Restructuring and employment: the role of the European Union in anticipating and accompanying restructuring in order to develop employment
The main goal of this communication is to suggest measures intended to anticipate and accompany the restructuring of enterprises in order to maintain employment. It is a response to a threefold challenge: ensuring that enterprises can adapt quickly, increasing competitiveness and ensuring that workers remain employable.
Communication from the Commission of 31 March 2005, Restructuring and employment - anticipating and accompanying restructuring in order to develop employment: the role of the European Union.
This communication is fully in line with the updated Lisbon Strategy which, in addition to higher and more sustainable growth, focuses on job creation. It proposes measures to respond to the social and economic cost of the restructuring of European enterprises.
THE CURRENT CHALLENGES
It is estimated that, every year, 10% of European enterprises are set up and destroyed. In the light of this, the European Union has long been applying policies and instruments to accompany these developments, in particular in the iron and steel, shipbuilding and textiles sectors. These measures do not relate solely to sectors in difficulty. They may also involve the establishment of strategies for many other sectors.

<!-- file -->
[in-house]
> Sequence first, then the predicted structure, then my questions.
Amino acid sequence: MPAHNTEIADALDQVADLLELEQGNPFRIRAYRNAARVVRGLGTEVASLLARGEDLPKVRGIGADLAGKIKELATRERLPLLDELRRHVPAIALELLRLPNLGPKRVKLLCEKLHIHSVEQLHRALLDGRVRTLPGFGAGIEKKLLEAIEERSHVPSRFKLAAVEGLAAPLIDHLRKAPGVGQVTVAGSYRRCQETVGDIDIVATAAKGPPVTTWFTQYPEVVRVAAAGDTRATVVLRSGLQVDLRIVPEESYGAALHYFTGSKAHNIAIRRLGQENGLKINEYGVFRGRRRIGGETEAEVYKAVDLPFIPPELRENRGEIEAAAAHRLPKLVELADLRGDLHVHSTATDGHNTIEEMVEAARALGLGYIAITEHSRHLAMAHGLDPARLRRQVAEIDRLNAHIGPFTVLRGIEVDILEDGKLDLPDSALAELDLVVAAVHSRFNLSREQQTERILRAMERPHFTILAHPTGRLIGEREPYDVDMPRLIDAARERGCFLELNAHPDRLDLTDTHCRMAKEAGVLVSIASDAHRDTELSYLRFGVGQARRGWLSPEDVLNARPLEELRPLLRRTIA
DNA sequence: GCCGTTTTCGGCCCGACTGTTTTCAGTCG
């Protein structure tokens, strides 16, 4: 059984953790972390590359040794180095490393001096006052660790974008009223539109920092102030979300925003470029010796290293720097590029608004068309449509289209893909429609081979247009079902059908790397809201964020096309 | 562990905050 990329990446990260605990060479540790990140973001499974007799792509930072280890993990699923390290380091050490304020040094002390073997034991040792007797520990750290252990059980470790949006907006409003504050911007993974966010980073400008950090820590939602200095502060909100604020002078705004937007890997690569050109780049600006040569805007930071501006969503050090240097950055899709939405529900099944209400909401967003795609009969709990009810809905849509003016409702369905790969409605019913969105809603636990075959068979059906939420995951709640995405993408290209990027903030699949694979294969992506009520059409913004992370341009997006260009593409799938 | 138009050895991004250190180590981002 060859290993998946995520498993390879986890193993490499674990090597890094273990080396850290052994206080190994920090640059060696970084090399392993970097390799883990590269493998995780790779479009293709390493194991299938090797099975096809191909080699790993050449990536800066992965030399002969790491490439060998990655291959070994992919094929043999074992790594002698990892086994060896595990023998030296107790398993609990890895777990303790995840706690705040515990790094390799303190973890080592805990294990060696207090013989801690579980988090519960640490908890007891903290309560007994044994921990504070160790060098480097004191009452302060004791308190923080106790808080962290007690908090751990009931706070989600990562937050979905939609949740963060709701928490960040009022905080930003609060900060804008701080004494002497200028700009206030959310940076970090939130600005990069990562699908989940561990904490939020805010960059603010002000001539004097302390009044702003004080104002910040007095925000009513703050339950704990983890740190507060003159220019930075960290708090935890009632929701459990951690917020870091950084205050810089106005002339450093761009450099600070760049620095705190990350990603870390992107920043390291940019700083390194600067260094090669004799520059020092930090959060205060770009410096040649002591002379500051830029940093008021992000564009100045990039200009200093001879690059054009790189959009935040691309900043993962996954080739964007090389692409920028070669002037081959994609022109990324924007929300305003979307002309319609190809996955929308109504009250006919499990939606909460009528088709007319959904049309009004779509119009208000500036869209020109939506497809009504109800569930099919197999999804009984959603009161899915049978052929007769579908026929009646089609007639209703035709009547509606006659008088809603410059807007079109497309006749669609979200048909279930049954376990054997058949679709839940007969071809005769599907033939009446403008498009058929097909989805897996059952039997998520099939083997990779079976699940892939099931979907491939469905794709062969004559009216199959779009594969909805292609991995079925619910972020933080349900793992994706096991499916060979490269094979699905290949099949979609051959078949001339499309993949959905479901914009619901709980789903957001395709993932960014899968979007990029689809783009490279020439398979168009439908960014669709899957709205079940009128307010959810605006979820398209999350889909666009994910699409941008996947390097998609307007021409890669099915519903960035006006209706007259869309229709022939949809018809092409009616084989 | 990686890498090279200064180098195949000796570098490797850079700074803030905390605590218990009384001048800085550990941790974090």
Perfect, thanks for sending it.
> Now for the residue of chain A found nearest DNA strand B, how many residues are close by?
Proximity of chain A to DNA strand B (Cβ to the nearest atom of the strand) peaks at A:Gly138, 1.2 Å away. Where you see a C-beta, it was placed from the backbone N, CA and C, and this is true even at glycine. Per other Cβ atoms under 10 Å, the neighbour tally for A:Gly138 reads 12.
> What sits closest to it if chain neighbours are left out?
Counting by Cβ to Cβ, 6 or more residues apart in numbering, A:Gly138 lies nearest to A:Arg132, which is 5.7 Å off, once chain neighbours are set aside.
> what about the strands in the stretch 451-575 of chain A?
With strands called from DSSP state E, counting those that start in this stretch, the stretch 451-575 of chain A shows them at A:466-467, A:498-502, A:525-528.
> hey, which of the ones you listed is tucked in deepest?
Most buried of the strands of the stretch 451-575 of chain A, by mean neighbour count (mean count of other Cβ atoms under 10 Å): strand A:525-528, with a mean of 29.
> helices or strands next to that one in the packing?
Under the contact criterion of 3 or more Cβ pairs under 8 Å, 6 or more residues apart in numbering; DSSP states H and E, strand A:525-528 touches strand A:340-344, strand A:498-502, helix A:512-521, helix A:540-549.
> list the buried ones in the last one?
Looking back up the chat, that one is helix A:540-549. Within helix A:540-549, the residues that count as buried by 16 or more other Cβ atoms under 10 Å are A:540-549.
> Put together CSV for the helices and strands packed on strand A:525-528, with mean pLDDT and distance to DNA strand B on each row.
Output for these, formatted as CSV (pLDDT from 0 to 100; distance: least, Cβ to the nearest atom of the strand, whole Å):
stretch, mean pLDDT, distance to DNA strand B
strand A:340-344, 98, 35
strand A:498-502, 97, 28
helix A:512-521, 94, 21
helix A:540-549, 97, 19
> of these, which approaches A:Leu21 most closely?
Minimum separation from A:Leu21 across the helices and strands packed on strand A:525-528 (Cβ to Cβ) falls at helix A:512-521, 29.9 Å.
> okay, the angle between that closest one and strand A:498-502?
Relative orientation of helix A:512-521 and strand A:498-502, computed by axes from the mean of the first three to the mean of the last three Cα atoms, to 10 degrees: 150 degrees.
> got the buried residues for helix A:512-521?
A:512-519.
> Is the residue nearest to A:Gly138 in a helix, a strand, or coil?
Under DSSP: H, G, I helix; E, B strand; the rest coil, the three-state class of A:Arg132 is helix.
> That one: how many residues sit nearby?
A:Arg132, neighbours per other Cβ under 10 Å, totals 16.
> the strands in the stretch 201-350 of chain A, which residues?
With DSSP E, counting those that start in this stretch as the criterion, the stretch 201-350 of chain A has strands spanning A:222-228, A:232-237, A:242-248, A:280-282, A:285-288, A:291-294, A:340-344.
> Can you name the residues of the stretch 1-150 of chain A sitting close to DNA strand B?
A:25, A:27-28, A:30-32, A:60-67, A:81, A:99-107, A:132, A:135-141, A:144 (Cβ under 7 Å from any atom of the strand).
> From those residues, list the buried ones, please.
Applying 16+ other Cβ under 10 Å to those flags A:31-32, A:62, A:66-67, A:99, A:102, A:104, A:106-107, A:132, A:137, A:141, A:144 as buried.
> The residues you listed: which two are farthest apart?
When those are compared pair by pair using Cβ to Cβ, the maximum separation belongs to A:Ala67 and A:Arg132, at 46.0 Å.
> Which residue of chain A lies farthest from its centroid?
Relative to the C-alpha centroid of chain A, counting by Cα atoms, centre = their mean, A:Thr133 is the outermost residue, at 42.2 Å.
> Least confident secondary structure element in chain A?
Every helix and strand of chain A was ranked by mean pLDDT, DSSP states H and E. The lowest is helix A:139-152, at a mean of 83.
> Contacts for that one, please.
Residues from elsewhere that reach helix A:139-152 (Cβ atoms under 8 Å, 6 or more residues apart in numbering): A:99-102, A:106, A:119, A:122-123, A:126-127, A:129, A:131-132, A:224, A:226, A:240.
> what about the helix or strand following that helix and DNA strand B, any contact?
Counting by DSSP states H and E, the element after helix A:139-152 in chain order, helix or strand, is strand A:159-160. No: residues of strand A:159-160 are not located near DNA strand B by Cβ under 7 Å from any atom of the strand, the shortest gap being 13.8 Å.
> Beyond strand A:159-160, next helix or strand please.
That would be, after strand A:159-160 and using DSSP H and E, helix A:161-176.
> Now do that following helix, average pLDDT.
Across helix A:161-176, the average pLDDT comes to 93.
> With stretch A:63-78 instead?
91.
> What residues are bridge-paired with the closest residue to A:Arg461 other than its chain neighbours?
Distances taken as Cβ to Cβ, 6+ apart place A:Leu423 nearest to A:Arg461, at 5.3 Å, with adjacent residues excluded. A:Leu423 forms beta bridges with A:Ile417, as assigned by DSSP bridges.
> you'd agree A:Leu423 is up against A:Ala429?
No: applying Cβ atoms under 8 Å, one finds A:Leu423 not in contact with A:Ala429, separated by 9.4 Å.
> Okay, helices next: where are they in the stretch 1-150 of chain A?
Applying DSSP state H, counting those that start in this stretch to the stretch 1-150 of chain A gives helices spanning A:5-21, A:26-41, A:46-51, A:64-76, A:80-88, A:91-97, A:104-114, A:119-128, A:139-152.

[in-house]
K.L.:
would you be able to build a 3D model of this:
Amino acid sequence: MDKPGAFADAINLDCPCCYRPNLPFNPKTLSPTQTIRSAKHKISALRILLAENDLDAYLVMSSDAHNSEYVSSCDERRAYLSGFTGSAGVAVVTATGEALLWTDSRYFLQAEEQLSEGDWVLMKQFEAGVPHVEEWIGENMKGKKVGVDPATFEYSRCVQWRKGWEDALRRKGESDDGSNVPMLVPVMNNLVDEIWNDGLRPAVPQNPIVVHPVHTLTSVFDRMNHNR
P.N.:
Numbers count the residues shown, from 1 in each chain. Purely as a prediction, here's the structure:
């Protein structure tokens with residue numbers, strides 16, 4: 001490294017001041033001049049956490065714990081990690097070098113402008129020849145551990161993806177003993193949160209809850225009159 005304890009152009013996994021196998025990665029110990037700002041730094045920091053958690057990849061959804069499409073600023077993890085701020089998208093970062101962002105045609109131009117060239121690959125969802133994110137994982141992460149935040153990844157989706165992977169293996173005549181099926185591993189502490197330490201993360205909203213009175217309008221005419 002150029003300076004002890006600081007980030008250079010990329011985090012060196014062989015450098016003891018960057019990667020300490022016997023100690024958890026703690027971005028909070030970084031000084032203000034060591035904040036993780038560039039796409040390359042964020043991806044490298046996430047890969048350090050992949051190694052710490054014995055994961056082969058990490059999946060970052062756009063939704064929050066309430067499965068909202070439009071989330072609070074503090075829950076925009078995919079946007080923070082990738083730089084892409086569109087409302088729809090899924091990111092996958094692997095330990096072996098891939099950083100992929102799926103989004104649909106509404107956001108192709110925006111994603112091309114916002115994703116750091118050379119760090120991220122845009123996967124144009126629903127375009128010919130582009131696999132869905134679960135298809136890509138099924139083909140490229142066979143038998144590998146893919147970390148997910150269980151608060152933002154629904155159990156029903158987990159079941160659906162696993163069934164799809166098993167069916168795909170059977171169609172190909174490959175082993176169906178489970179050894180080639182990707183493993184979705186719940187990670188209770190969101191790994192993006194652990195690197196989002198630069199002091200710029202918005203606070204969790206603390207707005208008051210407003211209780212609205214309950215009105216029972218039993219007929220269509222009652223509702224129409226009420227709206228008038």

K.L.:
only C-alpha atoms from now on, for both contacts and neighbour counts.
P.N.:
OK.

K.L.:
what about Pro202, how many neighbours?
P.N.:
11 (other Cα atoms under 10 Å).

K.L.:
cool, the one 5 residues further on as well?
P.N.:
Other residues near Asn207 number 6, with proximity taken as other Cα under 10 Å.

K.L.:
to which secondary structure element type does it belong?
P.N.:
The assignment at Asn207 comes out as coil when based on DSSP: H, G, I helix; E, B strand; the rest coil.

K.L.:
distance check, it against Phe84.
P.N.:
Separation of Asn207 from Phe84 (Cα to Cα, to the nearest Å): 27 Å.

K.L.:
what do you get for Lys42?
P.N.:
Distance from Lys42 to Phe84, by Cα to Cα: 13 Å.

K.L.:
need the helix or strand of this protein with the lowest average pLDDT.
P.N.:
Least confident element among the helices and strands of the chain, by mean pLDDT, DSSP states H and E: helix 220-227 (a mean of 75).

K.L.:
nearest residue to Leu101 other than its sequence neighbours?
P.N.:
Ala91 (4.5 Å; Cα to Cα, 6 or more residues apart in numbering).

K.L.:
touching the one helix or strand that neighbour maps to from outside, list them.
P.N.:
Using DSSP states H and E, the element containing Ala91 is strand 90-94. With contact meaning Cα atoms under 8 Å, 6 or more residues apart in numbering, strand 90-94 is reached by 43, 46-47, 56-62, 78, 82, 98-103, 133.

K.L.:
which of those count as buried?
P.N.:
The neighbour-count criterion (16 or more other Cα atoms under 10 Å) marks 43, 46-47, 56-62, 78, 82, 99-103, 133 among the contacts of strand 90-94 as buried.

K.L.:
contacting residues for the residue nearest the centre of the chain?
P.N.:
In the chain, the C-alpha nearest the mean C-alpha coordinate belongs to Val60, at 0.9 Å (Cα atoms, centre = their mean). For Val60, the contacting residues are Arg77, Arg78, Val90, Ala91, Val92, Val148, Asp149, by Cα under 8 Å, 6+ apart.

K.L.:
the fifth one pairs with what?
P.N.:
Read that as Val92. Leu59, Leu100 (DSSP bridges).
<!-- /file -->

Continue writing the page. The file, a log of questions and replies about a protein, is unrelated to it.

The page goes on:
At enterprise level, restructuring is the permanent reshaping of the fabric of production by several factors:
- the development of the European Single Market and globalisation have allowed competitiveness to be improved and new, high quality jobs to be created;
- technological innovation generates new applications which, in turn, lead to more creative, higher-quality jobs;
- developments in the regulatory framework and significant changes in consumer demand (ageing population and environmental issues) lead to changes in products and labour markets.
From the workers' point of view, restructuring often puts a large number of people out of work at the same time; often the least qualified and most vulnerable are affected first. Moreover, restructuring is having a major impact in certain European countries that are still in transition.
It is therefore important to help people who have been made unemployed to quickly find new jobs of an equivalent quality and to provide responses for the entire territory of the European Union by anticipating change through proximity to regions and their populations (identification of potential comparative advantages).